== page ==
Educating the Marketplace on the Benefits of Reflective Products
Effects of Reflective Radiant Barrier on Heat Loss in Attic Floors and Metal Building Installations
Charles W. Shabica
Professor of Earth Science
Northeastern Illinois University
Chicago, Illinois 60625
March 27, 1984
Can a reflective radiant barrier, installed over existing bulk insulation, decrease heat loss in homes and commercial structures?
Trilaminate structure of film sandwiched between 2 sheets of 99% pure aluminum.
Two buildings were examined using infra-red thermography. The first is a 120’ x 32’ commercial woodworking shop with sheet metal walls and roof on an uninsulated poured concrete foundation that is raised 12” around the perimeter. The walls and roof are insulated with 1 ½” thick fiberglass backed with sheet plastic. The condition of the fiberglass in the roof is degraded from roof leaks and old, but generally is intact. The radiant barrier product was retrofitted on 1 x 2” wood furring strips 24” o.c. below the fiberglass in the roof only. All seams were taped with foil tape.
The second structure is a ranch style frame house with an unventilated attic insulated with 8” of blow-in fiberglass. A 1 ½” thick styrofoam board was installed down the middle of the attic, partitioning it into two equal sized spaces. The radiant barrier product (perforated) was laid like a blanket on one side of the attic over the fiberglass insulation. Recording thermometers were placed in both attic spaces on top of the insulation.
Infra-red photos were taken of both structures with an AGA Thermovision 110 infra-red camera on a partly cloudy night (temperature: +49 degrees F, time: 7 to 9 p.m. on February 15, 1984). Attic temperature measurements were taken over a three day period of generally clear skies and outside temperatures ranging from 7 to 28 degrees F. Both test buildings were located in the South Chicago Suburbs.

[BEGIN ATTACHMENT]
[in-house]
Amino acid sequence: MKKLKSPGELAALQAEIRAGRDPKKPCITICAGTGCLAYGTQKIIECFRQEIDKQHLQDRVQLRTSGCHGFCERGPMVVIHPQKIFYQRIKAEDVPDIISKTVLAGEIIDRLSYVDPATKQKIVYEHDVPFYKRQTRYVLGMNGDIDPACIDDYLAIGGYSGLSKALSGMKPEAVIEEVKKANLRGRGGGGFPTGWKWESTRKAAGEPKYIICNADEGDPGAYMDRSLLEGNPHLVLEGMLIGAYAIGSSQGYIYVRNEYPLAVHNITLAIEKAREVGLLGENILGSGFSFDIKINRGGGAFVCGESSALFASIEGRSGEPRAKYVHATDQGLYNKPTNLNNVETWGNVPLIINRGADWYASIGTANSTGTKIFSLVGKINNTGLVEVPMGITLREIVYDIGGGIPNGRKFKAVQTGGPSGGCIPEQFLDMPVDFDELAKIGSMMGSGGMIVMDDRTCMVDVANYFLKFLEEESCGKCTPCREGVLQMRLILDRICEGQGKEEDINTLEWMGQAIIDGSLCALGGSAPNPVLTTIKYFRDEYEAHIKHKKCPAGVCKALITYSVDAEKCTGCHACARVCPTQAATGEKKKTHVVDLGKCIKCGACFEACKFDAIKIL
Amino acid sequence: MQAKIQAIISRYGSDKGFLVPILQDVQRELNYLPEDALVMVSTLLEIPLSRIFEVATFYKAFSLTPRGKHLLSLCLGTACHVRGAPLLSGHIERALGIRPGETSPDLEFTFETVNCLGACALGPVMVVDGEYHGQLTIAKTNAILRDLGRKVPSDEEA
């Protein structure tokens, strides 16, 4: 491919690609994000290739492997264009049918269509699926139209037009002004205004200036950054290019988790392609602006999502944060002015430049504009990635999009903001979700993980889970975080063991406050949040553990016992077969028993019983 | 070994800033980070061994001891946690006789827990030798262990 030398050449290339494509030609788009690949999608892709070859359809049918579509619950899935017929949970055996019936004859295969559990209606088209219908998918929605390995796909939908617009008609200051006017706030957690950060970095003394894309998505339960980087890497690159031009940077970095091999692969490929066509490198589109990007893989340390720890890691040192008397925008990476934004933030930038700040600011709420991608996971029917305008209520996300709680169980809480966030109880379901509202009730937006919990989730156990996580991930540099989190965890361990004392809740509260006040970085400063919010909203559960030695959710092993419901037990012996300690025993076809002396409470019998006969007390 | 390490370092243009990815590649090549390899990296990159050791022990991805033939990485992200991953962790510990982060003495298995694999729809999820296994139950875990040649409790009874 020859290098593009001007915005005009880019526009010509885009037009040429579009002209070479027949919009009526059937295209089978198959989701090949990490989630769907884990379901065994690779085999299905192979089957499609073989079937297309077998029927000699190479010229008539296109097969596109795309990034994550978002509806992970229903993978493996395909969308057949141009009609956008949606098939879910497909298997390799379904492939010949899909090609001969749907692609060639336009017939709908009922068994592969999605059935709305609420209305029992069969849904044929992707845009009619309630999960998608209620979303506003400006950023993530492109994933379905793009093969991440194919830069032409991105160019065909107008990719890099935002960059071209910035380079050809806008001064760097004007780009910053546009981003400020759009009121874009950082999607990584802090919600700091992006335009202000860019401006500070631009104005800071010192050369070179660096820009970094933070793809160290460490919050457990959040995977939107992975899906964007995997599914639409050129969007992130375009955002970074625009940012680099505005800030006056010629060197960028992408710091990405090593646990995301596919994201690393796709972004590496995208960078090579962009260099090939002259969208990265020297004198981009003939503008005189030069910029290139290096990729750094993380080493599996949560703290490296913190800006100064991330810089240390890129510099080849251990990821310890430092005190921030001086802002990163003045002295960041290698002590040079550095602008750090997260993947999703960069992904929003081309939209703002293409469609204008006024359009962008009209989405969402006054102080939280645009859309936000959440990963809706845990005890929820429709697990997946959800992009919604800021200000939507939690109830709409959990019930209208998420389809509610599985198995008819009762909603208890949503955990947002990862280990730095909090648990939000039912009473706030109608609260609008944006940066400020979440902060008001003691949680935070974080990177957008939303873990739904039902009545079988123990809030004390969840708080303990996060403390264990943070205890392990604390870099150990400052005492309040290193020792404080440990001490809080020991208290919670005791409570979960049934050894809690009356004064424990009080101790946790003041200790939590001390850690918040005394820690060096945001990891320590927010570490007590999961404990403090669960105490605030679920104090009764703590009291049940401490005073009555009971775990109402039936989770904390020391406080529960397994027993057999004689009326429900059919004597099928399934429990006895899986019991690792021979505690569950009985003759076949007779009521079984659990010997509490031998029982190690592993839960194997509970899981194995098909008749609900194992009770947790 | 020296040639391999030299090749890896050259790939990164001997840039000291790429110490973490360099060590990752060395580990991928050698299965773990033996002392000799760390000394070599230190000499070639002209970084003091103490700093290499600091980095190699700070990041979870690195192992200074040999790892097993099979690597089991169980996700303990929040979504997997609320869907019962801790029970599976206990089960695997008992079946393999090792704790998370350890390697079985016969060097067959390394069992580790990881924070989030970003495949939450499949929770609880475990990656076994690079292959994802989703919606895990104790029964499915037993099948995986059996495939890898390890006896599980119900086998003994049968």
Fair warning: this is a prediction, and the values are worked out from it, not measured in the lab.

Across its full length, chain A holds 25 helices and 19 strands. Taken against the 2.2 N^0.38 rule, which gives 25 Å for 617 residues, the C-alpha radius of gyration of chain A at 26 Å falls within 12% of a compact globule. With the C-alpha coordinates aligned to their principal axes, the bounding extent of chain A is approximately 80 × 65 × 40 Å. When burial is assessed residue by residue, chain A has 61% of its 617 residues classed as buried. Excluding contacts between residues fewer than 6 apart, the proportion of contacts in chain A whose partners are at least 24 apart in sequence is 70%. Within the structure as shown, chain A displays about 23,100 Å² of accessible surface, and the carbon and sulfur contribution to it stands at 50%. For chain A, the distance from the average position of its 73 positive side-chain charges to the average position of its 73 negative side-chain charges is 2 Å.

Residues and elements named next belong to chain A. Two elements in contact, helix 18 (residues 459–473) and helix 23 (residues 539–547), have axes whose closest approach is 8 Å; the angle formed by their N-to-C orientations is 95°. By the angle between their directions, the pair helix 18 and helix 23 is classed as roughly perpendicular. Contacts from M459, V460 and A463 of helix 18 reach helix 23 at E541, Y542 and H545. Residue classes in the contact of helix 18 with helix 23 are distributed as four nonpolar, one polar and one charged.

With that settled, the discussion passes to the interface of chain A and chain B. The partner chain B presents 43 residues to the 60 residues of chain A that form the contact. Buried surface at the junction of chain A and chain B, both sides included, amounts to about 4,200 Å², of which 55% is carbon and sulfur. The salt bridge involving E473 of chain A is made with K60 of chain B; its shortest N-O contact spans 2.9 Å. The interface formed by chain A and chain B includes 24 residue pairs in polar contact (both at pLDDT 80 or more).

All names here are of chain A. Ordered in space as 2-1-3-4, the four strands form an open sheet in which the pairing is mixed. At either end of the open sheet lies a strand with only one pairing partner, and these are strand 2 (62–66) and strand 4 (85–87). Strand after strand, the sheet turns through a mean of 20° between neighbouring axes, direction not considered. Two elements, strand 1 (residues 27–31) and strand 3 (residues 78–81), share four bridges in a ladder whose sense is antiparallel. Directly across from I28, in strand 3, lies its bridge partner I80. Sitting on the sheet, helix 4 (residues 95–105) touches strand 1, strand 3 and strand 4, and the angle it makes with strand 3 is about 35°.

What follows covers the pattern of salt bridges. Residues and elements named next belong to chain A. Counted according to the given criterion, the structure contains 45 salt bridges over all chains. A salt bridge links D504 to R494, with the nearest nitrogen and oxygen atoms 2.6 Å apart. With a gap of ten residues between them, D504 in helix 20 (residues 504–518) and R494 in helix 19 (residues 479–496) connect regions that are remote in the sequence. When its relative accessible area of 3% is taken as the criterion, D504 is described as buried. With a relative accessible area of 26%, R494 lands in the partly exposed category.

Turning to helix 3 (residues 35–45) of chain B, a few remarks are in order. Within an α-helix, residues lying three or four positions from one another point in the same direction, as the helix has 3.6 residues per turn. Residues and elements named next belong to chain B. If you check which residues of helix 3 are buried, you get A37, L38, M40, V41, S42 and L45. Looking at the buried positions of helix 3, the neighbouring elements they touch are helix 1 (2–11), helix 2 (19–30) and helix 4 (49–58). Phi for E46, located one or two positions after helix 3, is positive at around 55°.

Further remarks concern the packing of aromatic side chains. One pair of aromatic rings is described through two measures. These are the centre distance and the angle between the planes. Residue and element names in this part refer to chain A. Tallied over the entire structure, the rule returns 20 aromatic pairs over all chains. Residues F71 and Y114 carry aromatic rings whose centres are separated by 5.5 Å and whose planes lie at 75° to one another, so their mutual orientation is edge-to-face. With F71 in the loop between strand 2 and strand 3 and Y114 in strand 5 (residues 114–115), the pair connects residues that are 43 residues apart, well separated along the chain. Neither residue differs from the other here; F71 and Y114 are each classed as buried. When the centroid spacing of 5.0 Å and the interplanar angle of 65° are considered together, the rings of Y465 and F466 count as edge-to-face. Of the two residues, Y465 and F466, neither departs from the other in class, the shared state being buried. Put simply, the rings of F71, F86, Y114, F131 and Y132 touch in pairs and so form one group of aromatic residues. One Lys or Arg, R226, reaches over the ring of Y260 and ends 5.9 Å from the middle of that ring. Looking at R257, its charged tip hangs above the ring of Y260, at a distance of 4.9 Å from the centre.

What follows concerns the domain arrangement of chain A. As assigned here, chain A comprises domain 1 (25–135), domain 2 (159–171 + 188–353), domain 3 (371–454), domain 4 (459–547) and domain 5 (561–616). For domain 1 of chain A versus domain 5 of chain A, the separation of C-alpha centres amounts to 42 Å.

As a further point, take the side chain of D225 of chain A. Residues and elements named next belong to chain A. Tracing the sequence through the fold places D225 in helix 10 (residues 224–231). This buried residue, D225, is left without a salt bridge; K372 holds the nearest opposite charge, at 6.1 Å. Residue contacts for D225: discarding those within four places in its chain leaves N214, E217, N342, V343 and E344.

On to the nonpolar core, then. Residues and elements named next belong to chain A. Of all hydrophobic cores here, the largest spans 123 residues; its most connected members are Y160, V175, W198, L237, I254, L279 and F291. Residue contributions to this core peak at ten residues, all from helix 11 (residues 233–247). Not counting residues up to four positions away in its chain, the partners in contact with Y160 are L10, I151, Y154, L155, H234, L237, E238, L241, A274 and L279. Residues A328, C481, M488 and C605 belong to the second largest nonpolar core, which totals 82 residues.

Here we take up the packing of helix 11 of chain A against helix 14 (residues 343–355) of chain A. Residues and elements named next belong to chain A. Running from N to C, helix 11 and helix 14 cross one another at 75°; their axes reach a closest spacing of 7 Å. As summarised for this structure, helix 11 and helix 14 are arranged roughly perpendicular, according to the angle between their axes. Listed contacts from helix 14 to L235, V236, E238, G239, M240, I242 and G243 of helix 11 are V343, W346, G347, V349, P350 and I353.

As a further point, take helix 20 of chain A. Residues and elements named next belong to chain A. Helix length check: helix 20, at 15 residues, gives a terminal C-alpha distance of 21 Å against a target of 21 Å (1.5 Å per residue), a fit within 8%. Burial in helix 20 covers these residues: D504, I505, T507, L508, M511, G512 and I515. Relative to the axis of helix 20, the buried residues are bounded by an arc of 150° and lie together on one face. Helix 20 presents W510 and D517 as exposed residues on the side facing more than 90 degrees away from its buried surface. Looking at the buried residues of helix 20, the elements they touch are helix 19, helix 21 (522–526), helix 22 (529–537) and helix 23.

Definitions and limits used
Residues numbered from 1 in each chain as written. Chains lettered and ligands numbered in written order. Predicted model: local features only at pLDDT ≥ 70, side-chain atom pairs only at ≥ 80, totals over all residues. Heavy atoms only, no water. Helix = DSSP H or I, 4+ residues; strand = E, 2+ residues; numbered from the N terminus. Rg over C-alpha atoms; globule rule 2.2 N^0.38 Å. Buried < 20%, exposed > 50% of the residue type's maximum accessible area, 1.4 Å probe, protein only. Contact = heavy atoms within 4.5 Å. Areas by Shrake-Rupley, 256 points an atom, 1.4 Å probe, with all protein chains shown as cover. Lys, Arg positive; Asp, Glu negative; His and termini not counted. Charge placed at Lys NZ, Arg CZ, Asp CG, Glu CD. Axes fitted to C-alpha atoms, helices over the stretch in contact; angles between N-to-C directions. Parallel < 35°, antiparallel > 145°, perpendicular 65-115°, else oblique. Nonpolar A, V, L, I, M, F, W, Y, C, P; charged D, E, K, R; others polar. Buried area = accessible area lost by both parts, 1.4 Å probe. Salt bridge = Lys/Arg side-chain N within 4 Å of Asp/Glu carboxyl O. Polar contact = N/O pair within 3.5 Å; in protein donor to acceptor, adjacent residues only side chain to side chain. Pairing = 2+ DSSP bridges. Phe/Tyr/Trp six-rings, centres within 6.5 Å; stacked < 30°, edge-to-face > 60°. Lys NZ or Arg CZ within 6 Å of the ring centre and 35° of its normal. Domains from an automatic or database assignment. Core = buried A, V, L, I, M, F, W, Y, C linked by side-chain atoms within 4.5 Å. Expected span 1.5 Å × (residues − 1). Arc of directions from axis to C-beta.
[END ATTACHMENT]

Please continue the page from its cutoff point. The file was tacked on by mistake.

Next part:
The commercial sheet steel building shows a surprisingly low IR emittance (heat loss) through the roof. In contract, the walls, insulated only with plastic-backed fiberglass, are seen to radiate at a relatively high level. Steel joists conducting heat to the outside wall can be seen as light vertical lines on the walls. These were not visible on the roof. Note that the uninsulated raised foundation shows a very high IR emittance.
An infra-red scan of the roof of the frame house shows a difference in IR emittance between the test and control sides of the attic (radiant barrier on the right). Recorded attic temperatures were generally considerably lower in the attic space with the radiant barrier.
A radiant barrier retrofitted to fiberglass insulated sheet steel buildings is demonstrably effective in reducing heat loss. In the test case, installation of a radiant barrier on the walls would produce results similar to those shown for the roof. Installation of a radiant barrier in uninsulated buildings would show even more pronounced reduction in heat loss.
In the frame house test, IR emittance is measurably lower on the side of the house with the radiant barrier. Note: the metal roof vent on the right is closed and shows very low emittance. The IR emittance scans were taken between 7 and 9 p.m. on a relatively warm night. Scans taken later that night or with a colder outside temperature should show a greater IR emittance.
Consumer fears that radiant barrier installed in an attic will promote high roof temperatures are generally unfounded. This is evidenced by lower attic temperatures on the radiant barrier side measured in the afternoon. In addition, condensation will probably not occur as the dew point is unlikely to be reached between the radiant barrier and the underside of the roof.